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The Plundering of the Vanquished

The Economic Repression during Early Francoism

Julio Prada Rodríguez

Economic repression became a keystone of the social exclusion policies of the Franco dictatorship from the stage of the coup dʼétat. Beyond its utility in provisioning the warfronts and for the proper functioning of the rearguard, it became a valuable deterrent and a weapon of intimidation that smothered any expression of non-conformity. If its efficiency was so remarkable, this was due to the fact that it did not act in an isolated fashion, but projected itself on the social body that had already suffered the combined effects of the Civil War, the physical repression and the rest of the coercive and social control mechanisms employed by the regime.

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The Political Responsibilities Act


The gestation process of the LRP has already been studied in depth by Álvaro Dueñas (2006: 84 and ff.), among others, for which reason suffice it to underscore its essential aspects from a procedural point of view and in the context in which it was enacted. With regard to the latter, it is worth pondering on the reasons behind the substitution of the regulations governing civil liability which, besides their scope, had brought about a significant change in the Spanish legal tradition and the creation of a special jurisdiction in an attempt to resolve the problems inherited from the previous period. The war auditor Rafael Díaz-Llanos Lecuona (1939: 10–11) referred to ‘windfall profits indisputably produced by the provisions of the new legal system in the interests of the national economy and of private citizens’, perhaps implicitly acknowledging, as with the Order of 20 March 1939, the financial losses brought about by the provisions governing the intervention in the credit system and the problems posed by the enforcement of judgements. Likewise, a sector of historiography has referred to the evolution of the war and the need to build on past experiences, despite originating ‘from a legislation emerging in a fairly “pell-mell”, confusing and sometimes even contradictory fashion, it was commonplace that regulatory provisions of a regional nature […] often overlapping with others of a more general character, were intended to be applied throughout the “liberated territories”’ (Barragán 2009: 184–185).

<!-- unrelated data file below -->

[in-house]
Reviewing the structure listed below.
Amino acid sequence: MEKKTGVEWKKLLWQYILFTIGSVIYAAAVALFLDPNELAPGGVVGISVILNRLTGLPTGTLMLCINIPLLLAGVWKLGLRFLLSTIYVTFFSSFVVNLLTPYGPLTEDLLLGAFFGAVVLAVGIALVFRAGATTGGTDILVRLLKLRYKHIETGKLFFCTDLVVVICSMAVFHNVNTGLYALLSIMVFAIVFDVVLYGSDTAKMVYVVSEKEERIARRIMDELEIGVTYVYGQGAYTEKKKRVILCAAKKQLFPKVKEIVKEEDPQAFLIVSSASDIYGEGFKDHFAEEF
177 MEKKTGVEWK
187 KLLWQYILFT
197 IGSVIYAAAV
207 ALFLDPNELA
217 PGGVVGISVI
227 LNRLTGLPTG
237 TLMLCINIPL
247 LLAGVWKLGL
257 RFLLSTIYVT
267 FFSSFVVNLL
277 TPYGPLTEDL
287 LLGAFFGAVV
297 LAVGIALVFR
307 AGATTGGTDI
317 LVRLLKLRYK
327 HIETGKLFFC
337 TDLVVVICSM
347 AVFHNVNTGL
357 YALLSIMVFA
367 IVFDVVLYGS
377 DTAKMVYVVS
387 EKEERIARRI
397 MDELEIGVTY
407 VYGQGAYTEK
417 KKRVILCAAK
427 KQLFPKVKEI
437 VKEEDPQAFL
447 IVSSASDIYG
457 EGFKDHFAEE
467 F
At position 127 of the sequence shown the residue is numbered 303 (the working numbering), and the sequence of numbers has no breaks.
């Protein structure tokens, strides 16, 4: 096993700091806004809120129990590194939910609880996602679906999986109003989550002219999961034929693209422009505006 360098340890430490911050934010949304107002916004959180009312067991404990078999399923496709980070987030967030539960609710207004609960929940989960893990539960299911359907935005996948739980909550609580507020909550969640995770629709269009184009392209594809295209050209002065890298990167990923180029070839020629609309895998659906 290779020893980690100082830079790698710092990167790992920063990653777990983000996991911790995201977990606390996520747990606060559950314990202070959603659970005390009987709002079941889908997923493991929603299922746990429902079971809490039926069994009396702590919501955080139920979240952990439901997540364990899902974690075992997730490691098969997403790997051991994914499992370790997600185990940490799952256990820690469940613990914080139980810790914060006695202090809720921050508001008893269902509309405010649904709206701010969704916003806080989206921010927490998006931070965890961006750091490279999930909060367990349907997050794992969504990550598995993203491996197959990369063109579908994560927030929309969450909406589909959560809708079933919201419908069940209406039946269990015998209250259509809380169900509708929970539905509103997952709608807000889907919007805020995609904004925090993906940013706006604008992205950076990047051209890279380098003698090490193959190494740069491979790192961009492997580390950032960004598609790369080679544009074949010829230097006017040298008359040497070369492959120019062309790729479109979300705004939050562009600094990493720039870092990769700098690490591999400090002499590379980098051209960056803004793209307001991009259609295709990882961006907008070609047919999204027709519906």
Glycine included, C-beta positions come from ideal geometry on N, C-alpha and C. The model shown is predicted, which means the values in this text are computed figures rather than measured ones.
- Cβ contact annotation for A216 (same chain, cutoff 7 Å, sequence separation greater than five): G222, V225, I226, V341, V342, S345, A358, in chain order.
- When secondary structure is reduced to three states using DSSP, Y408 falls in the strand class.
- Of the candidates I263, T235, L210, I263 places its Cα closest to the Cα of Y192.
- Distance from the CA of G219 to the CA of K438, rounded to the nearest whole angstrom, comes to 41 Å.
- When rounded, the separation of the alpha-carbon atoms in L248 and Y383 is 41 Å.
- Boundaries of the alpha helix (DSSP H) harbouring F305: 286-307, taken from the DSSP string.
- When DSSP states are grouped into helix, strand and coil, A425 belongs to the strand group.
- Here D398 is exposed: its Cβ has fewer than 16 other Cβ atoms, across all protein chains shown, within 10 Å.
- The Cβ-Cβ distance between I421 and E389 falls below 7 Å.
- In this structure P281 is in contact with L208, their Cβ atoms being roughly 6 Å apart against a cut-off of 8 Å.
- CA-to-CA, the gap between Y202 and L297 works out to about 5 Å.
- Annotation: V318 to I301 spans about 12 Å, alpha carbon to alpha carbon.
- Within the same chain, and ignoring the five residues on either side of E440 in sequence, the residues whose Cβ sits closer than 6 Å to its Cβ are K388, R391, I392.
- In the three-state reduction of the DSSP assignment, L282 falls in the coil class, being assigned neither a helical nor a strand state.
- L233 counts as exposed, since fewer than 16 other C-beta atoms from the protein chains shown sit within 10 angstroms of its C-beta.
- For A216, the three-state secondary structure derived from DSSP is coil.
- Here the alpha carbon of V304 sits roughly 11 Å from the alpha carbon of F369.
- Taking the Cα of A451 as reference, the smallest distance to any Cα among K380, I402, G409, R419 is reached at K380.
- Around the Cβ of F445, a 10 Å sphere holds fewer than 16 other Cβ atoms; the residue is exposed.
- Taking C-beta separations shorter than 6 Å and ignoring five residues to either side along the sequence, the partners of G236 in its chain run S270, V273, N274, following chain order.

To our mind,...

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